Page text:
How good lighting makes doing tasks easier

One of the simplest and most effective strategies we teach is to increase lighting. Though we teach the concept of increasing lighting, in truth everyone already knows that strategy. Whenever someone wants to have an easier time reading something or determining a color, they bring it over to the light. That same principle applies to low vision patients.

Quite often, remedies are very simple. It is easy to change a light bulb to one with higher wattage to illuminate a dark hallway or stairwell. Simply placing an inexpensive desk lamp on a kitchen counter makes reading recipes and preparing meals much easier.  Even in locations where it is difficult to easily increase lighting without electrical work, there are some solutions. Hardware stores sell tap lights ($6.00) that are battery operated. A simple tap on the light turns it on and off. They are easily installed anywhere that can use more lighting. We recommend that our patients install them in closets, pantries and on the wall near stairs heading to a basement. For those times when just a little more light is needed, we recommend that our patients keep a good, small flashlight in their pocket or purse. Patients use them to look at thermostats, insert keys into keyholes or read a stove dial. That little bit of extra light really makes a difference for low vision patients.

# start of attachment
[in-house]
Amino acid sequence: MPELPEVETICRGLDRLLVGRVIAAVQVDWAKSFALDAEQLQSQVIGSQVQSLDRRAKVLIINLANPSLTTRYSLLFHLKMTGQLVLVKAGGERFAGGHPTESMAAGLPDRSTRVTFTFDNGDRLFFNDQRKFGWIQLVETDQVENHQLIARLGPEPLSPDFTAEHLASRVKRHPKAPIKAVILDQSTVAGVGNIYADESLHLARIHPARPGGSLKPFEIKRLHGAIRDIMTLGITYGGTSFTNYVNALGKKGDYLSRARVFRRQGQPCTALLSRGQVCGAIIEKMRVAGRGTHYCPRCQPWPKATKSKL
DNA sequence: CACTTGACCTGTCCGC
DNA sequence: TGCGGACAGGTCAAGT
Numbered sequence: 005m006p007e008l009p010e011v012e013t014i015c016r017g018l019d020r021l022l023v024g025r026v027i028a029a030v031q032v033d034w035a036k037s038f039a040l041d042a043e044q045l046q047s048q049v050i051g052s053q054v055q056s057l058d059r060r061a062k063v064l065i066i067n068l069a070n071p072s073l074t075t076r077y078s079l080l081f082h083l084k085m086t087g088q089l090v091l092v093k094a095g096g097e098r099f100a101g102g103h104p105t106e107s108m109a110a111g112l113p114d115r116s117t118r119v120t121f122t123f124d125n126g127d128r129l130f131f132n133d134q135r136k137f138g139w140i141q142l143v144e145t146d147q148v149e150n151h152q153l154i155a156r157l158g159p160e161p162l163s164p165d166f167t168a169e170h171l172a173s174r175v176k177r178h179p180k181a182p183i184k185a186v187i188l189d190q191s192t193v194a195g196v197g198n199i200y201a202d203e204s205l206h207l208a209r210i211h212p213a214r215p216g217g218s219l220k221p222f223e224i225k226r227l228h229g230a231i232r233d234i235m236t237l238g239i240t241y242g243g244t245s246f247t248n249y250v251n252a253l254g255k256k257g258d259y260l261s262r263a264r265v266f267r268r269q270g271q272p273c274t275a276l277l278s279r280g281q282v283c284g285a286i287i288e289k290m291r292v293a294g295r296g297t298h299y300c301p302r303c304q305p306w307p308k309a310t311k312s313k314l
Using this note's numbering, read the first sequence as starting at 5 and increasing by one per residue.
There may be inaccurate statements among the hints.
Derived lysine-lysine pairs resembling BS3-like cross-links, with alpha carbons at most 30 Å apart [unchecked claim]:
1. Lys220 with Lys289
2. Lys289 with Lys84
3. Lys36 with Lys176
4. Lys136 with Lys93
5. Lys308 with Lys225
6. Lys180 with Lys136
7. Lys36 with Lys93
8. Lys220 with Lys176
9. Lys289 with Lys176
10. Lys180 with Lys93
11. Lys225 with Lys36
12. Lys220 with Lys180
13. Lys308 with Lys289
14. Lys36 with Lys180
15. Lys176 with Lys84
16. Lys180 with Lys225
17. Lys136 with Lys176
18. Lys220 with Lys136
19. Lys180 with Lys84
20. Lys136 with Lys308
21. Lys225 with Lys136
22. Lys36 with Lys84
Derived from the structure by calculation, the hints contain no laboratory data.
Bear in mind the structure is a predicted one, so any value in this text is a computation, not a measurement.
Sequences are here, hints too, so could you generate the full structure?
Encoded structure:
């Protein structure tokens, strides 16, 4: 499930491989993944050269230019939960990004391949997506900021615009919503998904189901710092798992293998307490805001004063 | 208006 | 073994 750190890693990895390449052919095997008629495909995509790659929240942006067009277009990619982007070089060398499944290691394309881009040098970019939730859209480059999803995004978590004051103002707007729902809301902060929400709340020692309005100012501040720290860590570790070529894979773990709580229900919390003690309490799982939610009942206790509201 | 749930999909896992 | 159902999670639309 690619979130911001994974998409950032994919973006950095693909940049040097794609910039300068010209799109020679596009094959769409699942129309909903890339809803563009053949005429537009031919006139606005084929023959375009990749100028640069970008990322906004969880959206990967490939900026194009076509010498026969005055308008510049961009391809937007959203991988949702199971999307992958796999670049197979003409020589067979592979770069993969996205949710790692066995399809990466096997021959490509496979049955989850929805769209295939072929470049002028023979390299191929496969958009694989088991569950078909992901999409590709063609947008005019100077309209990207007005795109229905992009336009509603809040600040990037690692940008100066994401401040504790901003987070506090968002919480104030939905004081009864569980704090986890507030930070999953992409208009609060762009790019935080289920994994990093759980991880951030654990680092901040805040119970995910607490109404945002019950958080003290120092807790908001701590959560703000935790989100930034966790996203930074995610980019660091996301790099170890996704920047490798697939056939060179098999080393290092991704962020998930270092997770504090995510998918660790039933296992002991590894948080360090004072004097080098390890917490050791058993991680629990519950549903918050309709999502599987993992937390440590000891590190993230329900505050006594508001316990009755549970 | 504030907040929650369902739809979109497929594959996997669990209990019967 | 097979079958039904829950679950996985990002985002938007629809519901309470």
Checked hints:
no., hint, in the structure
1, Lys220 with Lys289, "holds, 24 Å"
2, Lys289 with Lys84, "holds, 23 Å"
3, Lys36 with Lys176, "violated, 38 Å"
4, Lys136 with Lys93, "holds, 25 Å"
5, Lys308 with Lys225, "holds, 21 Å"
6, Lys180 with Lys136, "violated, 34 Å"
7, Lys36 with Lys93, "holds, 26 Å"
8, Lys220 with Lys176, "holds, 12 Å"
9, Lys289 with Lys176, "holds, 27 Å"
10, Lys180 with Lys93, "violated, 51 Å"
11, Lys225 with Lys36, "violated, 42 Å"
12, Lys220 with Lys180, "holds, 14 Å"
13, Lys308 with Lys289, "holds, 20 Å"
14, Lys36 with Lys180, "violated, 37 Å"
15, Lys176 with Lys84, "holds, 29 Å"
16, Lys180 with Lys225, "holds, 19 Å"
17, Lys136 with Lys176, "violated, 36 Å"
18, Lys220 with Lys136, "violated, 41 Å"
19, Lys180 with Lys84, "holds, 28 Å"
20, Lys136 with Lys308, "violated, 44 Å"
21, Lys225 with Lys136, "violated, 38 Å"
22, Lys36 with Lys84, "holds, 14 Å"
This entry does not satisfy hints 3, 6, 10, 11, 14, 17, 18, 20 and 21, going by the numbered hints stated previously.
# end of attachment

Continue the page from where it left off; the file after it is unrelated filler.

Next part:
A final use for lighting is for landmarking. Simple night lights strategically located makes traveling in hallways in the middle of the night easier and safer.  At night those tiny lights can really be seen and help low vision patient orient themselves away from stairs and furniture.